- Incoming PM Kishida to spend big to ease COVID pain
- Abe Amari’s ally appointed general secretary of the PLD
- Kishida to call in key cabinet reshuffle staff
TOKYO, Oct. 3 (Reuters) – Japan will compile a significantly large supplementary budget immediately following the impending general election to ease the economic blow from the pandemic and boost long-term growth in key areas, a party heavyweight said on Sunday in power.
“What needs to be addressed first are vaccinations. This is the strongest measure against coronaviruses,” Akira Amari, newly appointed general secretary of the Liberal Democratic Party (LDP), told the debate program policy of the public channel NHK.
Japan is expected to increase its vaccination rate from 60% to 70% to 80%, levels considered to ease public anxiety, Amari said.
“We have responded with various measures by drawing on emergency budgetary reserves. Now that the reserves are drying up, we will compile a considerably large supplementary budget immediately after the election.”
Given dire public finances, Japan’s new Prime Minister Fumio Kishida may have no choice but to sell more government bonds to fund a pandemic relief plan which it says him, would be worth hundreds of billions of dollars.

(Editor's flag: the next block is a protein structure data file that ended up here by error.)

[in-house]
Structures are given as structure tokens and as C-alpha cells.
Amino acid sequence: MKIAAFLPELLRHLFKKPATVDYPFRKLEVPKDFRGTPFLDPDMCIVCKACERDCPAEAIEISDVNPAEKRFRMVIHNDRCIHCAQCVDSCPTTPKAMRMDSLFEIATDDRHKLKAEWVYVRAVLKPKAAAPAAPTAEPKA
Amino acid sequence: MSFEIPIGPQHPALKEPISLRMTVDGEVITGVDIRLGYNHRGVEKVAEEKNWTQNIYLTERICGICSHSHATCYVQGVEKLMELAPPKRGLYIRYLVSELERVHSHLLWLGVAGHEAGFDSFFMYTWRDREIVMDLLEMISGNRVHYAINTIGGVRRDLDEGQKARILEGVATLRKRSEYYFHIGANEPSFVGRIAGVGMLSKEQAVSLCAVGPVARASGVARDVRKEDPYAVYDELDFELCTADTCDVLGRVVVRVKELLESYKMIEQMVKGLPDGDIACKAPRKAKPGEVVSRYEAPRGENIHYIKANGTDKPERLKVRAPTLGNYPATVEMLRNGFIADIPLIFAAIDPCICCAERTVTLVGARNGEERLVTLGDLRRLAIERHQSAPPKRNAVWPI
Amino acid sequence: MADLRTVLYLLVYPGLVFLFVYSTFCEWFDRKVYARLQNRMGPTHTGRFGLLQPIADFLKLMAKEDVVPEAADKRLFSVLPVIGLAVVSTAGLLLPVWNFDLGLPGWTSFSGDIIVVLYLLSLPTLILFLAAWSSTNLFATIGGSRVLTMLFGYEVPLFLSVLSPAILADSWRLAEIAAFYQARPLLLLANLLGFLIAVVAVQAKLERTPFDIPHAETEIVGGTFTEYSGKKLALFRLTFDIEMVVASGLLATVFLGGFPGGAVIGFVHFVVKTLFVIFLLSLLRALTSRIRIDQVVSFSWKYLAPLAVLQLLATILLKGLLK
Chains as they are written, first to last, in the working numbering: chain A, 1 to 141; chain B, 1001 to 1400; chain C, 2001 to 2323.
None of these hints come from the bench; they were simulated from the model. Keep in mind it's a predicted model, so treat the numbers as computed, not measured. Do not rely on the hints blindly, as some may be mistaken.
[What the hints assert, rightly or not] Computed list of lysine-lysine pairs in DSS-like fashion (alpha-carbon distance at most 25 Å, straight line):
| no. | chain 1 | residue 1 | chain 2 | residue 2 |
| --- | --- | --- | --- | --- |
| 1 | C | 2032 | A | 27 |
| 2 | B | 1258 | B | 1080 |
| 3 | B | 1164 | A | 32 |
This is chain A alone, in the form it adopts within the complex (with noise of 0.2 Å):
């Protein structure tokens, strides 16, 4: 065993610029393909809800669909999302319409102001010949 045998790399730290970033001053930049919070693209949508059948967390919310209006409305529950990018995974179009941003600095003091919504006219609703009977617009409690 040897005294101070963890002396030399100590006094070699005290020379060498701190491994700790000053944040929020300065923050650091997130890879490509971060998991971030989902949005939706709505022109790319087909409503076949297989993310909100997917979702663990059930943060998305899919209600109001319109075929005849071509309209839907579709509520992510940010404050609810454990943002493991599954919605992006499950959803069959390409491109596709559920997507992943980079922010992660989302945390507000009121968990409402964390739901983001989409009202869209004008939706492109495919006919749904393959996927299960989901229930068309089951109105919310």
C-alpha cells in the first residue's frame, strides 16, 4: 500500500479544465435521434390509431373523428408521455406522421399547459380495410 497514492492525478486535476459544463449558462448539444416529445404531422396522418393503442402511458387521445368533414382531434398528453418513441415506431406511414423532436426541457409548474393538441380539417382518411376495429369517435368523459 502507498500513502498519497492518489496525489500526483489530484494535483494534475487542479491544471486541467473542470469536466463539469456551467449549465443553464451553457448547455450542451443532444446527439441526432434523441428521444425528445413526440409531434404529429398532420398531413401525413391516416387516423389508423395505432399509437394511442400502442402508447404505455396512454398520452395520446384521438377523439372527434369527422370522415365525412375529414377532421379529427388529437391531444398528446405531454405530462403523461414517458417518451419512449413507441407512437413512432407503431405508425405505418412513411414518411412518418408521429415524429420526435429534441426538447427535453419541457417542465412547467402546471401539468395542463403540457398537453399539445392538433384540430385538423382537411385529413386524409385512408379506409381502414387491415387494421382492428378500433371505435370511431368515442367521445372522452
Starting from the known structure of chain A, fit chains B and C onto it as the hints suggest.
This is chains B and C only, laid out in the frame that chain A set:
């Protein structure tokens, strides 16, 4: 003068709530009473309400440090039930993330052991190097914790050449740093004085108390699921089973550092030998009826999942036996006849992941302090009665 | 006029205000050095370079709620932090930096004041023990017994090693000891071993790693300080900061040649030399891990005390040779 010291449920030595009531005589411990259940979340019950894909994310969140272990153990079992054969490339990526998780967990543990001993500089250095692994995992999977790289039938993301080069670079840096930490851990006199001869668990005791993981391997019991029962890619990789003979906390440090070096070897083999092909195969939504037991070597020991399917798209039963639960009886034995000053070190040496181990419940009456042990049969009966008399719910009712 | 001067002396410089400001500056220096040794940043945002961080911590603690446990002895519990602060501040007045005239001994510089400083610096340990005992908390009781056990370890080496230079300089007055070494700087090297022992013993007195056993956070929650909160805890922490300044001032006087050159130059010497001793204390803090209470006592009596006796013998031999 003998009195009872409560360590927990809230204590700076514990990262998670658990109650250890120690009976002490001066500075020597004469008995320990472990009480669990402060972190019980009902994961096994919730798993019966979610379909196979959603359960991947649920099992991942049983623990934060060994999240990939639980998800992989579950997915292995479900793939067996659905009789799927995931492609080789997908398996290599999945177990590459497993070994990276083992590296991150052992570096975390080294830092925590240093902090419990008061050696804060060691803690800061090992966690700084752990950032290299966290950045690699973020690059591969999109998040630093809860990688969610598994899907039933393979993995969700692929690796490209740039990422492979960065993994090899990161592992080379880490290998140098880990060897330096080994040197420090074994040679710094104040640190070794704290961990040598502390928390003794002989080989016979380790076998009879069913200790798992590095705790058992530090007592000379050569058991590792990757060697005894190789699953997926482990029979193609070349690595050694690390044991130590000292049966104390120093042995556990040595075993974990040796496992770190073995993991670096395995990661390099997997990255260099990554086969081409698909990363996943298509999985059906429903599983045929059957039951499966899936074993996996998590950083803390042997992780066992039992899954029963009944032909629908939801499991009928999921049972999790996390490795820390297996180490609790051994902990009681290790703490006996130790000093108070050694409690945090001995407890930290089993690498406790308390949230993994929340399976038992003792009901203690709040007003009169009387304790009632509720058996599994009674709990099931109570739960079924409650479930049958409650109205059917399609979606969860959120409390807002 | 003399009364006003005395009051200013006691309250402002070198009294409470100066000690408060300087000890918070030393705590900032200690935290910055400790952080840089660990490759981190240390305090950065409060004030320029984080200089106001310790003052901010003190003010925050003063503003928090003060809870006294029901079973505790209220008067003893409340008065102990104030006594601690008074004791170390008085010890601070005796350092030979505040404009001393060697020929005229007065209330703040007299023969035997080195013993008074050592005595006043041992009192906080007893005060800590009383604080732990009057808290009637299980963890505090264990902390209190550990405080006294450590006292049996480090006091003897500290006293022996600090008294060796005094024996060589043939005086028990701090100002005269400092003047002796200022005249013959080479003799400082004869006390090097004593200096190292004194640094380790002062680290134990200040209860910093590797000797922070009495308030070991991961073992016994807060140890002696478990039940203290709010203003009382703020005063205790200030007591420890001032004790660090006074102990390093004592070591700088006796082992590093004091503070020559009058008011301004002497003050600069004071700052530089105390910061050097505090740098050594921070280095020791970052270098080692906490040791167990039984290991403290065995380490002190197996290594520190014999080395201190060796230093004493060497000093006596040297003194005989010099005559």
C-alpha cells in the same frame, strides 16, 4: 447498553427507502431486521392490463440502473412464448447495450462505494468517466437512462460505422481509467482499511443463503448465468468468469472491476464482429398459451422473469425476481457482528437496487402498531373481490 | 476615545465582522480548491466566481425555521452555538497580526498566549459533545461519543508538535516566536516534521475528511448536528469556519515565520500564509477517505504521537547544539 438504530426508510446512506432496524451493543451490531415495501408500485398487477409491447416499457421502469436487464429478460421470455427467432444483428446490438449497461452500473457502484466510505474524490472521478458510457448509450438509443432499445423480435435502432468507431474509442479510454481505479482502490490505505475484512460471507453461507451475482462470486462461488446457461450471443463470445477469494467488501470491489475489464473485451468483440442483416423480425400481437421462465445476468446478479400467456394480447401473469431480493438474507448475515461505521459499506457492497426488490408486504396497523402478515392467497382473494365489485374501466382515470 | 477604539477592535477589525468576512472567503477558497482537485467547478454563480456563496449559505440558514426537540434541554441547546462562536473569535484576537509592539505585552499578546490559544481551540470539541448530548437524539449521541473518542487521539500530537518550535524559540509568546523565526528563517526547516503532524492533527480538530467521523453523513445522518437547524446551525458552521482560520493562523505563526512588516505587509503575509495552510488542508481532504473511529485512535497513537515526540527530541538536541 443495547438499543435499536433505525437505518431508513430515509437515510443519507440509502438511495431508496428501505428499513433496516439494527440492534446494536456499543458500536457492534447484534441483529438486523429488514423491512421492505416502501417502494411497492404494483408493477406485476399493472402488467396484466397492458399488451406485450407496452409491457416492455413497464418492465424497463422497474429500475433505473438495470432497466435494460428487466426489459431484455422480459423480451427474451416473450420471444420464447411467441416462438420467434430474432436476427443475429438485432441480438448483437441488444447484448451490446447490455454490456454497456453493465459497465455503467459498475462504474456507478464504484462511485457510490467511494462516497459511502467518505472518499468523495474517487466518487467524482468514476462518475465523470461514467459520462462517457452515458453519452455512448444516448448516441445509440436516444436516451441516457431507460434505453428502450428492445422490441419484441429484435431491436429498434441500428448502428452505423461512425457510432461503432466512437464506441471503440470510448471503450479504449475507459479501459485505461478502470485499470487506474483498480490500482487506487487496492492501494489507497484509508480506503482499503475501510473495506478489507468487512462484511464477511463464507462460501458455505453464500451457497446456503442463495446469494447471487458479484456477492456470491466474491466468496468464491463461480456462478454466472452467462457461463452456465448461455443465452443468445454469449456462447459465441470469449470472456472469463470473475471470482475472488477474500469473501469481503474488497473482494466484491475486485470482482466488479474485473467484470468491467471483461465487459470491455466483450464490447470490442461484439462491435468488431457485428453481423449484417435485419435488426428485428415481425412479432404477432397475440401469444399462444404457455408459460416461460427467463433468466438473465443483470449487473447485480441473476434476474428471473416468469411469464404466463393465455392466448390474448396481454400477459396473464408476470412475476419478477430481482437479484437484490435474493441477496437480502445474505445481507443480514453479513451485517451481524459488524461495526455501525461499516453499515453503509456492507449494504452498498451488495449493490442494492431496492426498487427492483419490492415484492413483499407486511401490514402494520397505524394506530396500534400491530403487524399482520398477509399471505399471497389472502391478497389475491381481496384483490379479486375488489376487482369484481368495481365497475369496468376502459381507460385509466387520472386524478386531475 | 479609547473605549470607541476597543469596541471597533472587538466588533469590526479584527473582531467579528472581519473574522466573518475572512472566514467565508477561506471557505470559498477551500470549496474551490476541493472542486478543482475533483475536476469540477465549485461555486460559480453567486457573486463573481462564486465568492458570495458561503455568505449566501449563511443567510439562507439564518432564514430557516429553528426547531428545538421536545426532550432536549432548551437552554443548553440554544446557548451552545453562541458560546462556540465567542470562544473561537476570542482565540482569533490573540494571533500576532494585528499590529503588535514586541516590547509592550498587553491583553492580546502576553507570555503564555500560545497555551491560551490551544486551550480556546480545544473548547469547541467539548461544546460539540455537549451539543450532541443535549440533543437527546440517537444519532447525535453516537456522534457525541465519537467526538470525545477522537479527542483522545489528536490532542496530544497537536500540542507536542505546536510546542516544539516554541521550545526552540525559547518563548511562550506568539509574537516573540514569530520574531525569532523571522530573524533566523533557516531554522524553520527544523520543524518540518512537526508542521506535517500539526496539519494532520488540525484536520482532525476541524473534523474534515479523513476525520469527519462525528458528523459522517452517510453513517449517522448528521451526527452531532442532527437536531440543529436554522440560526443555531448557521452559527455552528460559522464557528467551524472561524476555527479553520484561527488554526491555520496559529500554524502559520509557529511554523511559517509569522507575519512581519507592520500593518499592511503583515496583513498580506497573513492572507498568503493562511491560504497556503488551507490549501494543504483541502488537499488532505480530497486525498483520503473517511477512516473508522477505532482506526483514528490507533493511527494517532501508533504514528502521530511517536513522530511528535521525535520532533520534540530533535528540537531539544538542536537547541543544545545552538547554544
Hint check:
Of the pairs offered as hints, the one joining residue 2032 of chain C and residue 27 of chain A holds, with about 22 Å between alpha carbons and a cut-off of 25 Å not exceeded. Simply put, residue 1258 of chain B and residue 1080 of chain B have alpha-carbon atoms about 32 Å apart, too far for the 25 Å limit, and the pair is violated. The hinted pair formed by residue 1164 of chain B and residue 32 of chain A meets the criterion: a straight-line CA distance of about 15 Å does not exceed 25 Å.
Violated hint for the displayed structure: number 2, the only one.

Amari, a former economy minister seen as a key ally of Japan’s oldest prime minister, Shinzo Abe, said the supplementary budget would focus on the environment, digital and infrastructure.
He said the government might consider expanding employment subsidies, but Keiichi Ishii, his counterpart in the LDP’s small coalition partner Komeito, called for cash payments of 100,000 yen ($ 900) to anyone up to the age of 18, or about 20 million people.
Kishida, a former foreign minister, won the LDP leadership race on Wednesday and is expected to be elected prime minister in parliament on Monday, replacing Yoshihide Suga, by virtue of the party’s majority in the lower house. He is expected to appoint his cabinet later today.
General elections must take place before November 28.
Seiko Noda, who ran against Kishida, is likely to secure a ministerial post, Kyodo News reported on Sunday, a move in line with Kishida’s goal of having women lawmakers make up 30 percent or more of her cabinet.
The new leader is expected to keep Defense Minister Nobuo Kishi – Abe’s younger brother – and Education Minister and Abe’s ally Koichi Hagiuda in his cabinet, the Mainichi newspaper reported.
Finance Minister Taro Aso’s brother-in-law Shunichi Suzuki is expected to replace him, media reported.
Foreign Minister Toshimitsu Motegi is expected to retain his post, while Hirokazu Matsuno, education minister in the Abe cabinet, is expected to become chief secretary to the cabinet.
Komeito’s number two Tetsuo Saito is expected to be appointed transport minister, replacing his fellow Komeito MP Kazuyoshi Akaba, media reported.
($ 1 = 111,0500 yen)
Reporting by Tetsushi Kajimoto; Editing by Christopher Cushing and William Mallard
Our Standards: Thomson Reuters Trust Principles.